Regather proudly presents the Sheffield Hedge Fund!
Support the Sheffield Hedge Fund, help plant 1000m of new hedgerow and give a truly amazing gift which will benefit local wildlife & ecosystems, and will keep on growing… forever!
Help Plant 1000m of New Hedgerow
- What will we do? – The newly planted hedgerow will offer a rich mix of native British hedge and tree species planted with between three to six plants every metre, as a double row hedge, with one tree every six to ten metres.
- Where will we do it? – 700m of new hedgerow will be planted at Regather Farm, Sheffield on agricultural land tenanted by Regather under long lease, fully supported by the land owners and protected by conservation area and greenbelt status. 300m of new hedgerow will be planted in public and community locations across Sheffield.
- When will we plant the hedge? – Hedgerow planting will start after the beginning of March 2020, because planting into clay soils is best after heavy frosts, which can cause frost heave and expose roots. Further planting will happen in Autumn 2020. The hedgerow will take 3-7 years to grow into maturity.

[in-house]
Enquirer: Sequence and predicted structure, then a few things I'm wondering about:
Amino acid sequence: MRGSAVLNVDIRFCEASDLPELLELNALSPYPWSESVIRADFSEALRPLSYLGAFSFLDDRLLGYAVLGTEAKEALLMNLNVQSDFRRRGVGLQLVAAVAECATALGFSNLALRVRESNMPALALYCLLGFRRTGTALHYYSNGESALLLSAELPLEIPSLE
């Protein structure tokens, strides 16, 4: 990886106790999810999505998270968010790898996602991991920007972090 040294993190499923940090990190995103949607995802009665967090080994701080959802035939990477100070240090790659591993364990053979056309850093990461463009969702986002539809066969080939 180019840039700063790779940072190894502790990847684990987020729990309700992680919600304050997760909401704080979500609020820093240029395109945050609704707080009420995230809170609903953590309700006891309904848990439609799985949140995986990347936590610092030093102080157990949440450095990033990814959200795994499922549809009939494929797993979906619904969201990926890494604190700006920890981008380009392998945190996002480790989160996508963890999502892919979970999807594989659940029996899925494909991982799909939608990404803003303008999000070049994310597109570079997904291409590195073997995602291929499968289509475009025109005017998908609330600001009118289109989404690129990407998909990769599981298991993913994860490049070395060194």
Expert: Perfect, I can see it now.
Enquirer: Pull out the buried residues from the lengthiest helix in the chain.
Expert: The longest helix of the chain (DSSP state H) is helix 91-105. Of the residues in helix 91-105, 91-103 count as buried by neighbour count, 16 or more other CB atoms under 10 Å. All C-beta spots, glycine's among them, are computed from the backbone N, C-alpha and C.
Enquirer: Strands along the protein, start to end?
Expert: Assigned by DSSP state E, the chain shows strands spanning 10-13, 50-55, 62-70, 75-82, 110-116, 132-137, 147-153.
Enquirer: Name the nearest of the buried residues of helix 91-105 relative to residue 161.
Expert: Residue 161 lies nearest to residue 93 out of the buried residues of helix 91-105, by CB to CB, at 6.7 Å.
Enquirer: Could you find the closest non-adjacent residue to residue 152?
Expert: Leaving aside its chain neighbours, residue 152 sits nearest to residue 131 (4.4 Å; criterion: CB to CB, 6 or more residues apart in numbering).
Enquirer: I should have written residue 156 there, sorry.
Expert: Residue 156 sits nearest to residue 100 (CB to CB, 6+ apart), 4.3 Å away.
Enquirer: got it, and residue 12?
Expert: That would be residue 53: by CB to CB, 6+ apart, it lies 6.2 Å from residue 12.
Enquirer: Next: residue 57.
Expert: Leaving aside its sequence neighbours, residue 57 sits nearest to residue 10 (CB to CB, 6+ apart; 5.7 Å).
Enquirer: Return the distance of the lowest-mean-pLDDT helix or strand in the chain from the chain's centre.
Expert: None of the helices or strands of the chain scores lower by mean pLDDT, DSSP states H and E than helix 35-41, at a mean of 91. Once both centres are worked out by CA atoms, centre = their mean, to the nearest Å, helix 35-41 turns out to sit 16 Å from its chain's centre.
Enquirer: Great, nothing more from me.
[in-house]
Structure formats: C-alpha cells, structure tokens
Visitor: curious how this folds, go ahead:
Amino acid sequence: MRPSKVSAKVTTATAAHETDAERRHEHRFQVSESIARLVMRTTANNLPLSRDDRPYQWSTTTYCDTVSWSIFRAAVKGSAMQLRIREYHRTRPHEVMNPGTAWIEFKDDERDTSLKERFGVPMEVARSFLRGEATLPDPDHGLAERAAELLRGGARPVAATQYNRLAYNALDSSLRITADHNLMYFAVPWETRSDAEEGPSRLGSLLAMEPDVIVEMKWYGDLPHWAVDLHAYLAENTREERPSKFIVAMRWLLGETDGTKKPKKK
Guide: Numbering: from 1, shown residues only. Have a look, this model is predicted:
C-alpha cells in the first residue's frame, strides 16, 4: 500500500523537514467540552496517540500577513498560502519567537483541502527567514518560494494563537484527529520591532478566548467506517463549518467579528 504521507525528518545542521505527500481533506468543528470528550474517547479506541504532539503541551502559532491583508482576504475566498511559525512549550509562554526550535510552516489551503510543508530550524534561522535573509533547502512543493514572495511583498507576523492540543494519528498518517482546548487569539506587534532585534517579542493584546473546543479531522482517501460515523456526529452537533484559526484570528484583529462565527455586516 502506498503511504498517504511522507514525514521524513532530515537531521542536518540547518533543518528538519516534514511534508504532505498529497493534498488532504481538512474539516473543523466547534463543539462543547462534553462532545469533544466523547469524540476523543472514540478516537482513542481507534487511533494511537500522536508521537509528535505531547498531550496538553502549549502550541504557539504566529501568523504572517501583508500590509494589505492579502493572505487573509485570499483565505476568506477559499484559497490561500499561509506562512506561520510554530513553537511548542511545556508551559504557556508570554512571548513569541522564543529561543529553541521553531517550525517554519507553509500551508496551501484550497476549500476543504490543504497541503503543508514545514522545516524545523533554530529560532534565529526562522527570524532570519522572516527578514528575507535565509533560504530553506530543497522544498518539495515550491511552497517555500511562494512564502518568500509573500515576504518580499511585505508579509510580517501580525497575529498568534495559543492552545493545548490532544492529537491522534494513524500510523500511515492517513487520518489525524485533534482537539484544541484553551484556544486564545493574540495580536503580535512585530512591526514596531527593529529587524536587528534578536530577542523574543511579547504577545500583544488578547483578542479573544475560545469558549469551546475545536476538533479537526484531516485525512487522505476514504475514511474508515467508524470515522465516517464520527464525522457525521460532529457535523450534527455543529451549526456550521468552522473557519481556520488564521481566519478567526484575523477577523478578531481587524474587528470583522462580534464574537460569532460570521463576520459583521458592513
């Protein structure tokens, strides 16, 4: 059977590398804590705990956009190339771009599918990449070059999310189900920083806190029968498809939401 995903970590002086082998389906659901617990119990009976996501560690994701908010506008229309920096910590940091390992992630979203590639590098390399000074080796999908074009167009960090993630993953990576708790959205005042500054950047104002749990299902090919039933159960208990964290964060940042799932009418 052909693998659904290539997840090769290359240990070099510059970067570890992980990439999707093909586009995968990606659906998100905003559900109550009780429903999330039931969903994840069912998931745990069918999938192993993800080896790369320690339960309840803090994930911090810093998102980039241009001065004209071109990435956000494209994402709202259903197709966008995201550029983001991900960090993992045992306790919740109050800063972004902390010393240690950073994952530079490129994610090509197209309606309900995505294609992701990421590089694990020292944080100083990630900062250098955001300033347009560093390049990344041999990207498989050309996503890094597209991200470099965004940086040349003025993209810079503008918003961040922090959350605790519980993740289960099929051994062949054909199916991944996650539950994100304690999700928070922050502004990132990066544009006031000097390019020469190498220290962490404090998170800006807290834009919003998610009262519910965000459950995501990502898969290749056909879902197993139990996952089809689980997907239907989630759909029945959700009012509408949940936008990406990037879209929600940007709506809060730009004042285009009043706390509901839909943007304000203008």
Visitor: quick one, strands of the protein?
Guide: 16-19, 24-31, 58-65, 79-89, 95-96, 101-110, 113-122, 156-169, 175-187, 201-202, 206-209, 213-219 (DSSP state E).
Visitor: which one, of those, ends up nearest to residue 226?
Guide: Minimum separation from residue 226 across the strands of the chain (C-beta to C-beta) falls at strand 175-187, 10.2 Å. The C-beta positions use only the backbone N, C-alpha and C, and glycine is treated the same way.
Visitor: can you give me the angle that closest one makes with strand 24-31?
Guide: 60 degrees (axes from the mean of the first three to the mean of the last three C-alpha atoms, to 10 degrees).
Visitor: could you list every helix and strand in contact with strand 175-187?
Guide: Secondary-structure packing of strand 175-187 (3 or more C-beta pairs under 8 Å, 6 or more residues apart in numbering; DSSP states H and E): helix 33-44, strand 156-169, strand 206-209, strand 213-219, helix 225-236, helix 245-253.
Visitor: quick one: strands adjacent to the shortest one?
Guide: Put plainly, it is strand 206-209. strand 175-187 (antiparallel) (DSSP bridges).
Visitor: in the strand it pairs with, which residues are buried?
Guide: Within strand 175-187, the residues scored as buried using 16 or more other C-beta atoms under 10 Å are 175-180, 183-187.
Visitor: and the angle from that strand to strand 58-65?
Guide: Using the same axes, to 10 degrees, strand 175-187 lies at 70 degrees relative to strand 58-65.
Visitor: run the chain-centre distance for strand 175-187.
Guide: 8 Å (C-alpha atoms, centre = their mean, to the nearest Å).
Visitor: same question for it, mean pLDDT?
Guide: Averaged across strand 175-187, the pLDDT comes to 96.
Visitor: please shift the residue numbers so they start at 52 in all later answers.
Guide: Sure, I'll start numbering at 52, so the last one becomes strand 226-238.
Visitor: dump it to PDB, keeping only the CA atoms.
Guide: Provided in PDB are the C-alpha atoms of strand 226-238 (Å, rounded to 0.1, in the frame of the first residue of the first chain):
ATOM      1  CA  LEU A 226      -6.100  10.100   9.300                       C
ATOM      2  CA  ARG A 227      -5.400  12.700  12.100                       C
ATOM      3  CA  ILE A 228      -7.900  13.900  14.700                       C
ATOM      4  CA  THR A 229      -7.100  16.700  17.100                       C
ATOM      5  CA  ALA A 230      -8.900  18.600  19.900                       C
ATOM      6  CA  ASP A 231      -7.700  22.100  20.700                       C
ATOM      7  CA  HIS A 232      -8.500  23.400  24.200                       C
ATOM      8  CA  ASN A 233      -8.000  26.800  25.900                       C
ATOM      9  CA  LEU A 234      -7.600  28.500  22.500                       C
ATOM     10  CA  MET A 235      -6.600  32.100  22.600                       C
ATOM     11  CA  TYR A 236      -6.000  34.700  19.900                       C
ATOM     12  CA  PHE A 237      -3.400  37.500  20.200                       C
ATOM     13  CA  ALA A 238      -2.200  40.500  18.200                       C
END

- Who will do it? – The Regather team will plant the hedgerow, and will engage Sheffield Hedge Fund supporters, community groups, schools, young people and volunteers of all ages and backgrounds to get involved in well organised, safe and enjoyable hedge planting days from March 2020 onward (weather permitting)
- How do we know what to do? – The hedgerow will be planted using the Natural England ‘Hedgerow Planting‘ guidance prepared on behalf of the Steering Group for the UK Biodiversity Action Plan for Hedgerows. Regather will manage and maintain the hedgerow using the Hedgelink UK ‘Hedgerow Management Cycle‘ approach.
- Why are hedges important (again)? – Hedgerows are an amazing and vital asset to the landscape. They will help us make Regather Farm, and the Sheffield landscape more productive and more resilient. Hedgerows provide habitat, control rainfall and prevent flooding, stop erosion of precious soils and provide shelter. With careful management they provide useful on farm resources including poles, logs and woodchip for compost – essential for on farm fertility building.